Tuesday, June 29, 2010

Jay's One A Week Reviews #28: Fan of the Dead

The fine folks at MVD sent me a DVD of Fan of the Dead a while back, and I'm a shamefully tardy reviewer with a too-busy schedule that I'm just now getting a review up about it.

Fan of the Dead is a short documentary by an Italian fan of the films of George Romero. French fan Nicolas Garreau, dubbed over in English, shoots himself with a hand-held home-video camera as he goes on a tour of the locations of his movies. The feel is somewhat similar to the feature in HorrorHound Magazine named "Horror's Hallowed Grounds" where a film's locations are visited and photographed. It's traditionally a surprisingly comprehensive and fascinating feature, the most recent issue visiting the locations of Salem's Lot. I have never personally understood the allure, personally, of commemorating a location for no other reason than something once happened there, but in the magazine it's an interesting, educational monthly feature. On video, it's just travelogue. (An exhausting one at that. Should I be rewarded to know that the office where Ken Foree finds the keys in Dawn of the Dead still exists? It's now... used as an office!)

Along with interviews filmed at the Pittsburgh Comic Con of many of the actors from Dawn of the Dead, he visits the locations of that film along with Creepshow, Day of the Dead, and the 1968 Night of the Living Dead. What looks most fun is a tour of the Monroeville mall from Dawn lead by Ken Foree. It quickly dawns on you, though, that this is literally a home movie of a weekend vacation made good.

It's clear Garreau knows Romero's films quite thoroughly. He navigates his way through the graveyard from the 1990 Night by the names on the headstones. I think the obsessive attention to some details, like where a medicine cabinet was hung and where a particular shot was photographed from is a level of minutia that's really a bit beyond the pale, but I can't find fault. A little slip of a documentary, and not even an hour in length, it's a home movie with credits, distribution, and some guest stars. This is also good-natured and surprisingly not cheesy. It is was it is, but I found in an enjoyable watch almost in spite of myself. The DVD has a photo gallery, but it all reproduces shots you've already seen in the documentary, and a cute trailer collection straight from the Drive-In. It's about the only place you'll ever find Julie Andrews around Zombies.

I appreciate Garreau's fascinating way to document a vacation to the US to meet some movie stars -and that he got it a distribution deal. I wish I'd taken a camera when I went to HorrorHound weekend in Indianapolis... because then the trip would have been a tax write-off.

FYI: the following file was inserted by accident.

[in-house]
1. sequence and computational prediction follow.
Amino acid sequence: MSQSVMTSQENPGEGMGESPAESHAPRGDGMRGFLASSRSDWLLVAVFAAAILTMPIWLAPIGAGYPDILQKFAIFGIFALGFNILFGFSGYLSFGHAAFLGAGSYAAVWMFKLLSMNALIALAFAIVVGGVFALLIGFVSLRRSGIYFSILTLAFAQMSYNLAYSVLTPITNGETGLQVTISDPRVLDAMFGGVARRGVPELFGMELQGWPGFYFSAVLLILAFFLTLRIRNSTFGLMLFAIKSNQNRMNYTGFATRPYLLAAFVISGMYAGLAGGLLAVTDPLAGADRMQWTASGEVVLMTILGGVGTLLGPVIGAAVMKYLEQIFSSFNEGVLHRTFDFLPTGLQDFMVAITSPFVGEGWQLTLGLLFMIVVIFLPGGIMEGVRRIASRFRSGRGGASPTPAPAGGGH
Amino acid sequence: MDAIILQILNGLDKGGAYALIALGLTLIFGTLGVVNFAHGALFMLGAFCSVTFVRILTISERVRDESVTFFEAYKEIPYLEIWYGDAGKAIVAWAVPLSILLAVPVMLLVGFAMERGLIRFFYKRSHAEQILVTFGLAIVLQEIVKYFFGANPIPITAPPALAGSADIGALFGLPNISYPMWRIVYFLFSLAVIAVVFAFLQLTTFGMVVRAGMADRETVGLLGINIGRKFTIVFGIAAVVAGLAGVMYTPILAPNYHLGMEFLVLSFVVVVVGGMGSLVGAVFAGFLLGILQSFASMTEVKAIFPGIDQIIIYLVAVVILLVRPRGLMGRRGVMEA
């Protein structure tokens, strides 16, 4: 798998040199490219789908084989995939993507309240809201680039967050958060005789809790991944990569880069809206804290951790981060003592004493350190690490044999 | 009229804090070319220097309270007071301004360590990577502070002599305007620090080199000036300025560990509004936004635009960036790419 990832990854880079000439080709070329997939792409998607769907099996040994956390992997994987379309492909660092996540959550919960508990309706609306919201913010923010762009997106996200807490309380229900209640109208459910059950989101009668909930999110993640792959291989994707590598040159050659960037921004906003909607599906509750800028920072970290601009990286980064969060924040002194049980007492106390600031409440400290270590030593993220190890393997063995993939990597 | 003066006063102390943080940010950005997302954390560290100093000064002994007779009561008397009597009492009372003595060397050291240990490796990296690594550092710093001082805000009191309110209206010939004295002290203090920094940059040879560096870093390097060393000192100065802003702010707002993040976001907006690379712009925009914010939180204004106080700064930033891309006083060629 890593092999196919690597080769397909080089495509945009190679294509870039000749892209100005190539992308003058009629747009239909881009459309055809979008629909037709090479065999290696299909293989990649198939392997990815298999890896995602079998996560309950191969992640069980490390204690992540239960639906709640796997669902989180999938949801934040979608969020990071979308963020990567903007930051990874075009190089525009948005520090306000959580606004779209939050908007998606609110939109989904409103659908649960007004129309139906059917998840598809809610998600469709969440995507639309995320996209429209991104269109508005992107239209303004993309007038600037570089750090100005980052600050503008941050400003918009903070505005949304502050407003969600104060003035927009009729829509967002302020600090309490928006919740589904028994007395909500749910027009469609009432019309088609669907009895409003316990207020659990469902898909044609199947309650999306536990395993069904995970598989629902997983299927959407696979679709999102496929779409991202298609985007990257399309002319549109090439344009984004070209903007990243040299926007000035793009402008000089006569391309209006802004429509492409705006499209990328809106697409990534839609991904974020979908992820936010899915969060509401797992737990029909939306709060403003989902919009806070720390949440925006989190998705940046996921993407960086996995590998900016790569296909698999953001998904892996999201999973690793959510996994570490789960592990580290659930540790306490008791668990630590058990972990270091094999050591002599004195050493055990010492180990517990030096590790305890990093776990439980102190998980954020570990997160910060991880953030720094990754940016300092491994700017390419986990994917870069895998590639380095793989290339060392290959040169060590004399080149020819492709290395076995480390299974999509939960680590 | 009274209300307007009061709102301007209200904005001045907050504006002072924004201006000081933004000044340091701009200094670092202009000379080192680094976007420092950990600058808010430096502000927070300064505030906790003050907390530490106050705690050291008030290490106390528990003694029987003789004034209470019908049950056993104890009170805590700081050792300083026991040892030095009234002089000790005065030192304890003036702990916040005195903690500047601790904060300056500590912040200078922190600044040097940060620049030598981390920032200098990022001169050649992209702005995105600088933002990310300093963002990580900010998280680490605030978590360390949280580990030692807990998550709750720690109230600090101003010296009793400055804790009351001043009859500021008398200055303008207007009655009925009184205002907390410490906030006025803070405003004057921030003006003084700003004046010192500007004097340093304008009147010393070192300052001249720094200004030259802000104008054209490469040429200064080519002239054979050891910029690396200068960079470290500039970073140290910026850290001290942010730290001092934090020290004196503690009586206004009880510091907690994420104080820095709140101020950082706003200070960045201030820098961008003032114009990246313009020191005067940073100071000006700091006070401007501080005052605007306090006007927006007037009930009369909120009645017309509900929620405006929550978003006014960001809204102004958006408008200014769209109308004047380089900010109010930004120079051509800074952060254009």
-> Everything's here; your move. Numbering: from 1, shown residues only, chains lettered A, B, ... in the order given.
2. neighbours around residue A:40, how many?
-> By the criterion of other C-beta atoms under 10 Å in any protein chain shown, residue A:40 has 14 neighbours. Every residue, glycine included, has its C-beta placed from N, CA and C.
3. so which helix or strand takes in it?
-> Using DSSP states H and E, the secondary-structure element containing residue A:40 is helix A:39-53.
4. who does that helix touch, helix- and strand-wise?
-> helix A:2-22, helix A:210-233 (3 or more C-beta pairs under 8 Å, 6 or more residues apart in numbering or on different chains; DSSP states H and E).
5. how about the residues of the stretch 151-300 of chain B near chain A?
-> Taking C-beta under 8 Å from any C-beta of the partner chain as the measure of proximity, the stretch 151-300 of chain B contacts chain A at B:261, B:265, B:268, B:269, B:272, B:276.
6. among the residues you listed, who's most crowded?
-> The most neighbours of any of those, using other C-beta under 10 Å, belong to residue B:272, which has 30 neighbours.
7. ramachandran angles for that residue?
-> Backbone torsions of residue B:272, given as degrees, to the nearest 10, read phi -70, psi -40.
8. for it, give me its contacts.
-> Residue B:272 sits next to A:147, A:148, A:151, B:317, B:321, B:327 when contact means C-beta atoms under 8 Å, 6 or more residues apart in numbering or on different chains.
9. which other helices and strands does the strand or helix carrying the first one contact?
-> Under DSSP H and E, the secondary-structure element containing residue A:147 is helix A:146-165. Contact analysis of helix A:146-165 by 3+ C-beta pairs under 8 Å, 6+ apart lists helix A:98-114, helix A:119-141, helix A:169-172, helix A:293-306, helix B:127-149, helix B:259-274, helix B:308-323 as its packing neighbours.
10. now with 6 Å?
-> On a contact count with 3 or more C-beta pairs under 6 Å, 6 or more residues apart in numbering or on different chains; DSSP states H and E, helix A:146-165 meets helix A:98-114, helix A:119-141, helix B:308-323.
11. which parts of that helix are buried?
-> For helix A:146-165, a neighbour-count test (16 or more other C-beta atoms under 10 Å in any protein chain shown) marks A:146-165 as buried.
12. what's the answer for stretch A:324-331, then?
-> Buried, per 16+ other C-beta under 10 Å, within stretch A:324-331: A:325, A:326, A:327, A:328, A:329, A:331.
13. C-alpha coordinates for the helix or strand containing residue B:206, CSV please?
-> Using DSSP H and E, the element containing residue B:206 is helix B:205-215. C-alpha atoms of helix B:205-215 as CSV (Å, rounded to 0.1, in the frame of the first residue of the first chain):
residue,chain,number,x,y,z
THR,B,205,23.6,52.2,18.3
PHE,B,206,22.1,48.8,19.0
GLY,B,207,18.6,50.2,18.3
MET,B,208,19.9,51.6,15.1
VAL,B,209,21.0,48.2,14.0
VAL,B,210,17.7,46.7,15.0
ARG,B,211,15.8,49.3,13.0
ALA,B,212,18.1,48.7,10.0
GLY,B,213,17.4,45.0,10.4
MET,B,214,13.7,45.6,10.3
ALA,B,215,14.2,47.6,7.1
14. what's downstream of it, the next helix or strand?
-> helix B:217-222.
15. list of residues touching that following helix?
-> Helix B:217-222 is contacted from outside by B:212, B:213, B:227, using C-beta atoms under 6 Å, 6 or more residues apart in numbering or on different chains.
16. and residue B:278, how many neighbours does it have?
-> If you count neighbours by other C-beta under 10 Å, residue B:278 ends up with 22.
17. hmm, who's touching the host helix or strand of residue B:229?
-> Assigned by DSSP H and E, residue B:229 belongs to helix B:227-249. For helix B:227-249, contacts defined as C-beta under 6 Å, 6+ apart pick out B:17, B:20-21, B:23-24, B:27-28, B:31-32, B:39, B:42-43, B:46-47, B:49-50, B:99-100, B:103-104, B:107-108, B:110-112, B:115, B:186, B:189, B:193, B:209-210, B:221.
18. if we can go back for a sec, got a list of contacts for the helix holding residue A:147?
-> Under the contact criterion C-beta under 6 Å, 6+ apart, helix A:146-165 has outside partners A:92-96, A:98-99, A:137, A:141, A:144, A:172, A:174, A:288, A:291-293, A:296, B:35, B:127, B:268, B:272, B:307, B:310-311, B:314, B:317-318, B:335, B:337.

Monday, June 28, 2010

One A Week Reviews #27: Stolen

A thrilling, sobering thriller reviewed for dvdsnapshot.com, this one is definitely worth checking out!

Golden Globe Award winner Jon Hamm of Mad Men stars as Detective Tom Adkins, a devoted cop haunted by the unsolved disappearance of his young son eight years earlier. But when Adkins discovers the buried remains of a boy who was brutally murdered more than half a century ago, he becomes obsessed with investigating the long-forgotten crime. Is the 1958 mystery surrounding down-on-his-luck family man Matthew Wakefield (Josh Lucas of Glory Road) and his own abducted son linked in any way to Adkins' tragedy? And even if Adkins can prove a connection, can he face the shocking truth about the killer? Rhona Mitra (Boston Legal, Doomsday), Morena Baccarin (Serenity) and James Van Der Beek co-star in this harrowing thriller about the parallel lives of two men for whom secrets will not stay hidden when hope has been Stolen.
There's a kind of pornography to the exploitation of parental fears that comes with any film about desperate searches for kidnapped children. Even when well done, I feel there's a cheapness to it, and I don't even have kids. It's such a raw, crazy, vast fear to even try and conceptualize that it does, at least, make it easy for a movie to gain the sympathies of an audience. Stolen (aka Stolen Lives) illustrates idea that a stranger can enter the world of a family and rip it's very center apart twice over.